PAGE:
UK government, Boris Johnson, Queen Elizabeth II, cabinet, members of parliament, local government, head of state

UK Government structure

By Paul Hayward

​Having recently relocated to the UK, you may have some questions on the UK government. Here is a simple breakdown of the structure and their overarching responsibilities.

Quick facts:

Current Prime Minister: Rt Hon Boris Johnson MP
Current Secretary of State for Health and Social Care: Rt Hon Matt Hancock MP
Current political party: Conservative
General election: Held every four years
Voting age: 18+

Who is the Head of State?

The UK is a constitutional monarchy meaning that the head of state is Queen Elizabeth II. The government is formed in her name, although the reigning monarch cannot make any open political decisions.

The role of the Prime Minister

The government is led by the Prime Minister, who takes responsibility for all policies and decisions. He oversees the operation of the civil service/government agencies and appointments members of the government.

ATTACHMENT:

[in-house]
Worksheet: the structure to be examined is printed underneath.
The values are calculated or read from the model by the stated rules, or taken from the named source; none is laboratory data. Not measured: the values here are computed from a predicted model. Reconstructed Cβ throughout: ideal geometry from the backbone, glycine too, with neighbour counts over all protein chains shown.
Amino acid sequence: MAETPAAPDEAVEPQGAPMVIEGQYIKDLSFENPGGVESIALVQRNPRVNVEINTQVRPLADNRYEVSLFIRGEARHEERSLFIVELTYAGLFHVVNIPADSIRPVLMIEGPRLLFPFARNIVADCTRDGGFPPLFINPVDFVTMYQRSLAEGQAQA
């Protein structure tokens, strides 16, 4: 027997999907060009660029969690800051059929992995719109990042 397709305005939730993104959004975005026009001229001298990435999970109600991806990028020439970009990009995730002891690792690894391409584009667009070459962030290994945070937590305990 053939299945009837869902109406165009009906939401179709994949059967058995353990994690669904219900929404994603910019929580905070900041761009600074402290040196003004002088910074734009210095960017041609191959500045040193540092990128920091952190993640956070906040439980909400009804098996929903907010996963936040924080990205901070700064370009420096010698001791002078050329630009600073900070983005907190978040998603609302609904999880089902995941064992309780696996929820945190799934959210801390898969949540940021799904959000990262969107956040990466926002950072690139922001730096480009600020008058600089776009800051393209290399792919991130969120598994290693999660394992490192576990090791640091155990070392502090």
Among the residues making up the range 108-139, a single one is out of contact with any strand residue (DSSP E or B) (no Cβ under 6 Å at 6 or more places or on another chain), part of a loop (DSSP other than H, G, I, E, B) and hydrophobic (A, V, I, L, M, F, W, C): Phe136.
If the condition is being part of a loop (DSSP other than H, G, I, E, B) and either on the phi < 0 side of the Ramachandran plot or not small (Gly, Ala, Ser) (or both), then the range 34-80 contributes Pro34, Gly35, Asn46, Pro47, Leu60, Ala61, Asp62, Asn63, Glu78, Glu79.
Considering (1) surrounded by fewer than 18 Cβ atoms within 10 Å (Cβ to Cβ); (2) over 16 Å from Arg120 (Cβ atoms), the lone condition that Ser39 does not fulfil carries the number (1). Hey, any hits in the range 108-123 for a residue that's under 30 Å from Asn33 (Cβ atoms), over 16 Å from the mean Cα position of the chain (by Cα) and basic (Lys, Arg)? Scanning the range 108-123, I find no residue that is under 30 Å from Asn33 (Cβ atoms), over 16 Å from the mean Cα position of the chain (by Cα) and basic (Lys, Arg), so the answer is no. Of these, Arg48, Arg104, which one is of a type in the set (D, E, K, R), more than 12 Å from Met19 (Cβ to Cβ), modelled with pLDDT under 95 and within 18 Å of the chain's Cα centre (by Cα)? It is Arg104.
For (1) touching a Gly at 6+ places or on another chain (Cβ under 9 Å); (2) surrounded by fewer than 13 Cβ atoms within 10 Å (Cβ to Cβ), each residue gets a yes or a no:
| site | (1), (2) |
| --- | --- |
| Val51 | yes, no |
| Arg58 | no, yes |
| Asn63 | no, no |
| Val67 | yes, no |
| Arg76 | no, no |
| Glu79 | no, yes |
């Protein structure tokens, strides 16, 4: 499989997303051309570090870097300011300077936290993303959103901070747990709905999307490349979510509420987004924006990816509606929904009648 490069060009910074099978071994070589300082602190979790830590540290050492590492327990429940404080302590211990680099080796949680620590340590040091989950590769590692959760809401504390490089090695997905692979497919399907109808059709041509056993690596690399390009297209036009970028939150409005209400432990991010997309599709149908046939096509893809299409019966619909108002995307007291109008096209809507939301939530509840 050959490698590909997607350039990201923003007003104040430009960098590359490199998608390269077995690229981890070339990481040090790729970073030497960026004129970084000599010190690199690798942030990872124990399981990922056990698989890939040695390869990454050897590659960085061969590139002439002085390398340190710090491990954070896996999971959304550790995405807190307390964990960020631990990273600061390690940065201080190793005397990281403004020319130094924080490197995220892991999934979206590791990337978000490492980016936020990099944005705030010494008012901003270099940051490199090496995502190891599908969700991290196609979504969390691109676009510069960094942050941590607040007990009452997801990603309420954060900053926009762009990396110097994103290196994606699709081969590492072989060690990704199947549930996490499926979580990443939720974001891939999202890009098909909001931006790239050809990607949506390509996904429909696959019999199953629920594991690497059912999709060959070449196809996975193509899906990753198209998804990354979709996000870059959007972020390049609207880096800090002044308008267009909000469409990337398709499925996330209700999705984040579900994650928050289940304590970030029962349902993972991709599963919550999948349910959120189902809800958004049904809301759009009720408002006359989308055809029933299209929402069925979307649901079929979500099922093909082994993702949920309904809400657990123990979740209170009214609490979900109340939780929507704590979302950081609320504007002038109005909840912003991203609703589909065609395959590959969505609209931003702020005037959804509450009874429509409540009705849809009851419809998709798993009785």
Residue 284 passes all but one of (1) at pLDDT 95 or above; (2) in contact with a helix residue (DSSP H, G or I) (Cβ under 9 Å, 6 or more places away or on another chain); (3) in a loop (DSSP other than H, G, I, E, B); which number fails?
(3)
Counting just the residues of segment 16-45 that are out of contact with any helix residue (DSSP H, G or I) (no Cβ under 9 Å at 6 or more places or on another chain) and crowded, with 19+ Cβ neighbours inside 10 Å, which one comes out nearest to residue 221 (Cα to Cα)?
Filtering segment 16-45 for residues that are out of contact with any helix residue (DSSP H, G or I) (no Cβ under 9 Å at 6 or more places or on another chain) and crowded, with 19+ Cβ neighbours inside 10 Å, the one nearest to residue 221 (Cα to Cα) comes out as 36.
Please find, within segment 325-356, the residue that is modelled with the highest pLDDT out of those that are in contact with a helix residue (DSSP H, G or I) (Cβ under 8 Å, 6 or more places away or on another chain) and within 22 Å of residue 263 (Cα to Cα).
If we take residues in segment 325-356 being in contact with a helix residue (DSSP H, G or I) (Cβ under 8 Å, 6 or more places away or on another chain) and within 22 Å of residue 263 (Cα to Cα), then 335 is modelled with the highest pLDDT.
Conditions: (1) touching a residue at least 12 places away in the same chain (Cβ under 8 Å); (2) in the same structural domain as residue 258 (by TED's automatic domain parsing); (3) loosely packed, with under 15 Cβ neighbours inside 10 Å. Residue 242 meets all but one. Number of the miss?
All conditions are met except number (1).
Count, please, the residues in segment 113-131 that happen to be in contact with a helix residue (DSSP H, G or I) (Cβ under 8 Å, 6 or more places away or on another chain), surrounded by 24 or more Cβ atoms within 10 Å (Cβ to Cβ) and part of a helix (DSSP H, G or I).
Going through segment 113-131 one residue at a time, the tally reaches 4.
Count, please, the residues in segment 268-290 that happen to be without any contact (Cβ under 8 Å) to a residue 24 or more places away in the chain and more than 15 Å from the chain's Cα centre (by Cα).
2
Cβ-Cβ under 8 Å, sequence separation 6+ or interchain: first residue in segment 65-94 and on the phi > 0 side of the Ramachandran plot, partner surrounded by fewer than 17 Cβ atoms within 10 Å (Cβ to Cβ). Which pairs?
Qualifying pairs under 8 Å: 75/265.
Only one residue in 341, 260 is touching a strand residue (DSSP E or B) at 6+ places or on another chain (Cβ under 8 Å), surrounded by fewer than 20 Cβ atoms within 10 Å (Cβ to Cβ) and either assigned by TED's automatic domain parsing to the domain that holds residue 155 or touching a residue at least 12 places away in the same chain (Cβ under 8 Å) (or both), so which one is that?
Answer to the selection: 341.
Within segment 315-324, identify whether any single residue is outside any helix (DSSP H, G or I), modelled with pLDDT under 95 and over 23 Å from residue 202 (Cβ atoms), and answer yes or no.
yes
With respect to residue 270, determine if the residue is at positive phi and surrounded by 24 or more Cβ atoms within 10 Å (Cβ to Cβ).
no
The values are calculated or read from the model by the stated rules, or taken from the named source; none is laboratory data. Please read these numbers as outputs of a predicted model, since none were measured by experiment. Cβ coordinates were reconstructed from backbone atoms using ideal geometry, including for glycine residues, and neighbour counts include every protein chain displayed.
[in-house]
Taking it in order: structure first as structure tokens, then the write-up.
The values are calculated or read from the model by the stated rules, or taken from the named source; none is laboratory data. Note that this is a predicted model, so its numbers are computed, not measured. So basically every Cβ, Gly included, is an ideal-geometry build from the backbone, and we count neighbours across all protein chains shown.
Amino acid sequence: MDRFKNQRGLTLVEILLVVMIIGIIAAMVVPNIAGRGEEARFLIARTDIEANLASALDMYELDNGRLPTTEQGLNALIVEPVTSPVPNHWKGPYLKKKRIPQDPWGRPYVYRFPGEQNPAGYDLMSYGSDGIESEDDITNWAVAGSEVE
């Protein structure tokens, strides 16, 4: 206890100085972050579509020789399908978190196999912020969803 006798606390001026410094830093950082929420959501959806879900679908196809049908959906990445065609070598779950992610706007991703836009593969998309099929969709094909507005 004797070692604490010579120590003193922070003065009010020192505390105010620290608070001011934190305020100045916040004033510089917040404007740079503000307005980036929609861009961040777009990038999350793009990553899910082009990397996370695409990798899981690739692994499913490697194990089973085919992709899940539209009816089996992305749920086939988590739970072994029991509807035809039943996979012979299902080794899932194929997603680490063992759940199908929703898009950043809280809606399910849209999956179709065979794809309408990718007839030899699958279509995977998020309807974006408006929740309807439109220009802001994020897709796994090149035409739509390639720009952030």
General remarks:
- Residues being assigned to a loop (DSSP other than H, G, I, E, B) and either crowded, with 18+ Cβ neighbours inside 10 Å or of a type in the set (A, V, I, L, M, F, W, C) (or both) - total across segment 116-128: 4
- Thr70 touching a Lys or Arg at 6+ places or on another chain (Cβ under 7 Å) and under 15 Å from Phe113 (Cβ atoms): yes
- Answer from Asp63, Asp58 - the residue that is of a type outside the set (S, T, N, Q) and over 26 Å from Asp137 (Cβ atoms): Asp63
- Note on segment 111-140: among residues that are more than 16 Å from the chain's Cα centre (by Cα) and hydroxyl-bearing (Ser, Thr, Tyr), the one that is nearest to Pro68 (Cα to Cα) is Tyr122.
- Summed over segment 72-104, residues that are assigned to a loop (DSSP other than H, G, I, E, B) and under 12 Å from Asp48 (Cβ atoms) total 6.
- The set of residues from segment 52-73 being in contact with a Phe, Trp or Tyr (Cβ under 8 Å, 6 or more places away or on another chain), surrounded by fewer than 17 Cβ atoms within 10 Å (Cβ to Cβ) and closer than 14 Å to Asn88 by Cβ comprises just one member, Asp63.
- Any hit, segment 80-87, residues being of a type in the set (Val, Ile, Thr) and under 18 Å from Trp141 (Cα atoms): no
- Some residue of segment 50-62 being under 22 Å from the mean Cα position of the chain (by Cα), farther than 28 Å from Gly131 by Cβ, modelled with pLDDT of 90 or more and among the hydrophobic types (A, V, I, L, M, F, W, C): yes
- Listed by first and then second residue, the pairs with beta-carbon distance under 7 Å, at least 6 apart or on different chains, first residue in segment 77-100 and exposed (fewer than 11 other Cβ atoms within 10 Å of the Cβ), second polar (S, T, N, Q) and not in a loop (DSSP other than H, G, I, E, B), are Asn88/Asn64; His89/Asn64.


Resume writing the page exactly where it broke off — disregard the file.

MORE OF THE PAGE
The Cabinet

Senior members of government form a ‘Cabinet’. They meet each week to discuss pressing matters. Generally, the Cabinet is formed from the various Secretary’s of State and other senior ministers.

The role of Members of Parliament (MPs)

MPs are democratically elected by UK constituents to represent their interests in Parliament. They can ask questions to the Prime Minister and other government ministers and debate issues. They can also ask the government to justify or explain decisions and policies.

Members of the public are entitled to contact their local MP if they have an issue or concern.

Local government

Although laws and legislation are made nationally, local government play an important role in making and carrying out decisions on behalf of local services.

County Councils are responsible for a variety of region-wide issues such as education, transport, social care and planning. Borough or City Councils are responsible for smaller issues such as rubbish collections, recycling, council tax and housing.

To find your next UK role, please contact Paul Hayward.